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Journal Article
Does the inverted yield curve signal a recession?

Financial Letters , Issue Mar

Engineering a paradox of thrift recession

We build a variation of the neoclassical growth model in which financial shocks to households or wealth shocks (in the sense of wealth destruction) generate recessions. Two standard ingredients that are necessary are (1) the existence of adjustment costs that make the expansion of the tradable goods sector difficult and (2) the existence of some frictions in the labor market that prevent enormous reductions in real wages (Nash bargaining in Mortensen-Pissarides labor markets is enough). We pose a new ingredient that greatly magnifies the recession: a reduction in consumption expenditures ...
Staff Report , Paper 478

Journal Article
Commentary on The recession of 2001 and unemployment insurance financing

Proceedings of a Conference Cosponsored by the Canadian Consulate General in New York, the Centre for the Study of Living Standards, the Federal Reserve Bank of New York, and the New York Association for Business Economics.
Economic Policy Review , Issue Aug , Pages 81-84

Journal Article
Japan's recessions

FRBSF Economic Letter

Working Paper
Regime changes and monetary stagflation

This paper examines whether monetary shocks can consistently generate stagflation in a dynamic, stochastic setting. I assume that the monetary authority can induce transitory shocks and longer-lasting monetary regime changes in its operating instrument. Firms cannot distinguish between these shocks and must learn about them using a signal extraction problem. The possibility of changes in the monetary regime greatly improves the ability of money to generate stagflation. This is true whether the regime actually changes or not. If the monetary regime changes on average once every ten years, ...
Research Working Paper , Paper RWP 06-05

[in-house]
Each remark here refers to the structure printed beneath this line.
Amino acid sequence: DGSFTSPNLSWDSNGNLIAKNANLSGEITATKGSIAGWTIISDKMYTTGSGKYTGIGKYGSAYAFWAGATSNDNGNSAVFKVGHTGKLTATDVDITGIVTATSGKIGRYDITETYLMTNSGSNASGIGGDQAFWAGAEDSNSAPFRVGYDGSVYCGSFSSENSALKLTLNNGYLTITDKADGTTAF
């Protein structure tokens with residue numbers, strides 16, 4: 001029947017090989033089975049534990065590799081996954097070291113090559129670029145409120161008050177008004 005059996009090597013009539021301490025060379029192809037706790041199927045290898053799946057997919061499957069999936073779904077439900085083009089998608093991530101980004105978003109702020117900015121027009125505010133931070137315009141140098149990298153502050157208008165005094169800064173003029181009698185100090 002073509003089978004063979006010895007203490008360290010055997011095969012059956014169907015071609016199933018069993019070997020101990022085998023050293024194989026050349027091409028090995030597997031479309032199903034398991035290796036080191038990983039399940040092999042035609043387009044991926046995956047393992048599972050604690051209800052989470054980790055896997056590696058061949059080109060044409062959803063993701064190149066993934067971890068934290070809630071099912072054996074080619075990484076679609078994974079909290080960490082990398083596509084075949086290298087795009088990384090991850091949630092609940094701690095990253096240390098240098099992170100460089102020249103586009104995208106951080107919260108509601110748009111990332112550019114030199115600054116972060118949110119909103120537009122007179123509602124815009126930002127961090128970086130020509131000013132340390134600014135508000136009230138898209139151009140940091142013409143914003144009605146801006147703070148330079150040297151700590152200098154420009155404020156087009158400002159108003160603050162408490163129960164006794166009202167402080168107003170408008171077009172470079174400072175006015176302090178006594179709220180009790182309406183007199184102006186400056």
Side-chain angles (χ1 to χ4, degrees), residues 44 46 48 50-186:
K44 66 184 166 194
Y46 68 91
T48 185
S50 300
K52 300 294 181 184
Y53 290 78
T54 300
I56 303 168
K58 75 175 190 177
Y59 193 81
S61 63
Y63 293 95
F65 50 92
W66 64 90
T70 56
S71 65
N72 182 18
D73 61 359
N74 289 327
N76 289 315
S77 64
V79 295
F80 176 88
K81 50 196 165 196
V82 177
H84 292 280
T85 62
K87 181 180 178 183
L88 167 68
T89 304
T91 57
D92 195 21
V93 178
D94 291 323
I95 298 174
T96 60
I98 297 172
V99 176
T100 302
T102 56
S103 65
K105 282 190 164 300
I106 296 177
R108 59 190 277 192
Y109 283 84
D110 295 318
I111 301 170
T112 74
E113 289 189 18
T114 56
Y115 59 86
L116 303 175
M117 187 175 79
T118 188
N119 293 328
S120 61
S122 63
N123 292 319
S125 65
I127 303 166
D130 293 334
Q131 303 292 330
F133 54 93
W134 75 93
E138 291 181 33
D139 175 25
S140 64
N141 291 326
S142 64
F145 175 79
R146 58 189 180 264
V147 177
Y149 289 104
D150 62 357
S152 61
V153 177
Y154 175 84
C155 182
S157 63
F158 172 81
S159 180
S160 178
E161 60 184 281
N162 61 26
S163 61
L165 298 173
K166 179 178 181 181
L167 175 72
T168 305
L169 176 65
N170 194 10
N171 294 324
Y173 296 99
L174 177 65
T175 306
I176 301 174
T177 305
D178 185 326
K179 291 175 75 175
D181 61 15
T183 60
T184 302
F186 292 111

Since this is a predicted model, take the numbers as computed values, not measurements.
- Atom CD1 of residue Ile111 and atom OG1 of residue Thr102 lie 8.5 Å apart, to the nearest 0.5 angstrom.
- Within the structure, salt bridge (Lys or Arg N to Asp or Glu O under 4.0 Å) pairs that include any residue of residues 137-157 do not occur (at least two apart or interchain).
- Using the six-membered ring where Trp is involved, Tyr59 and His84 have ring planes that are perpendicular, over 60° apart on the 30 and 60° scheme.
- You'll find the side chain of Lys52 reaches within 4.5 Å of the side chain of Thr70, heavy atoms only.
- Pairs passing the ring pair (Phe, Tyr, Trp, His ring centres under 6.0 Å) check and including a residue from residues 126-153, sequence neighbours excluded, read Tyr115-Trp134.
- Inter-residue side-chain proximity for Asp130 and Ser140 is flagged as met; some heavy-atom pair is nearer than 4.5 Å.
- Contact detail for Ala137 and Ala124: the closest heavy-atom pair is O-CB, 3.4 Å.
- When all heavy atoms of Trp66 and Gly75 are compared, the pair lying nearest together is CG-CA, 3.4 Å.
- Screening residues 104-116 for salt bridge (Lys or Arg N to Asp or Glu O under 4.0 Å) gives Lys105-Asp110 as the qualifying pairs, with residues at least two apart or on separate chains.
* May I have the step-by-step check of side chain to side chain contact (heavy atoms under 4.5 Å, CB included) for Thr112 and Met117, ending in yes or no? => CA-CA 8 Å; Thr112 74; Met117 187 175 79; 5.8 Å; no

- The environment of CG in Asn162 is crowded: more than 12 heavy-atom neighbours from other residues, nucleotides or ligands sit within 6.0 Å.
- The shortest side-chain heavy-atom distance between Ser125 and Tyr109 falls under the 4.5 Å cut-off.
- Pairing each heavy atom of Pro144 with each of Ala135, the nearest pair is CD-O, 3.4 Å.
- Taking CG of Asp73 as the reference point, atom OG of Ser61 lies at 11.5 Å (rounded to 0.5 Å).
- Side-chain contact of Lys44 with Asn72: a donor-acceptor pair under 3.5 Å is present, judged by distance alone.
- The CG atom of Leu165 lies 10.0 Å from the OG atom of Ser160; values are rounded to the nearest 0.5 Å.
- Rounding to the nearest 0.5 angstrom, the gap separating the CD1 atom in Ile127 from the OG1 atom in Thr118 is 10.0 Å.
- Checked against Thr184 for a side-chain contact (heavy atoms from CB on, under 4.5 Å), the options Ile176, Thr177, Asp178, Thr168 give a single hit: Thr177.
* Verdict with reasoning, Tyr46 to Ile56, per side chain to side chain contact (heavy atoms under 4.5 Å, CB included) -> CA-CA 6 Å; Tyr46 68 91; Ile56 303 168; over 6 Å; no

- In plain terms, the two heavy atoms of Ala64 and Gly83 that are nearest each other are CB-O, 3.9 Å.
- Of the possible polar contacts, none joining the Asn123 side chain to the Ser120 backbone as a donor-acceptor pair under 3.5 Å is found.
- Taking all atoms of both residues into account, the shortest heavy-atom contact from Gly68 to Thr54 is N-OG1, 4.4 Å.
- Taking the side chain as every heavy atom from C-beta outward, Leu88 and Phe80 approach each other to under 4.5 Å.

Journal Article
Has inventory volatility returned? A look at the current cycle

The massive liquidation of inventories during the 2001 recession contrasts sharply with the more moderate inventory movements observed in recent decades. While the rundown might be seen as evidence that firms are not managing their inventories as effectively as some economists have claimed, a careful analysis of inventory behavior in 2001 suggests that during much of the recession, firms were successfully regulating their inventories to avoid a large buildup of excess stock.
Current Issues in Economics and Finance , Volume 8 , Issue May

Journal Article
Economy's recovery poses challenges for district banks

The Sixth District banking industry has performed surprisingly well over the last few years in the face of challenging times. What's ahead in terms of regulatory changes, credit demand and bank profitability?
Financial Update , Volume 16 , Issue Q 1

The shape of the recovery

Remarks at the Connecticut Business and Industry Association/MetroHartford Alliance Economic Summit and Outlook 2011, Hartford, Connecticut
Speech , Paper 40

Journal Article
Money, prices, and interest rates

FRBSF Economic Letter

Corporate leverage and the consequences of macroeconomic instability

Research Paper , Paper 9012



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Kliesen, Kevin L. 15 items

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anonymous 14 items

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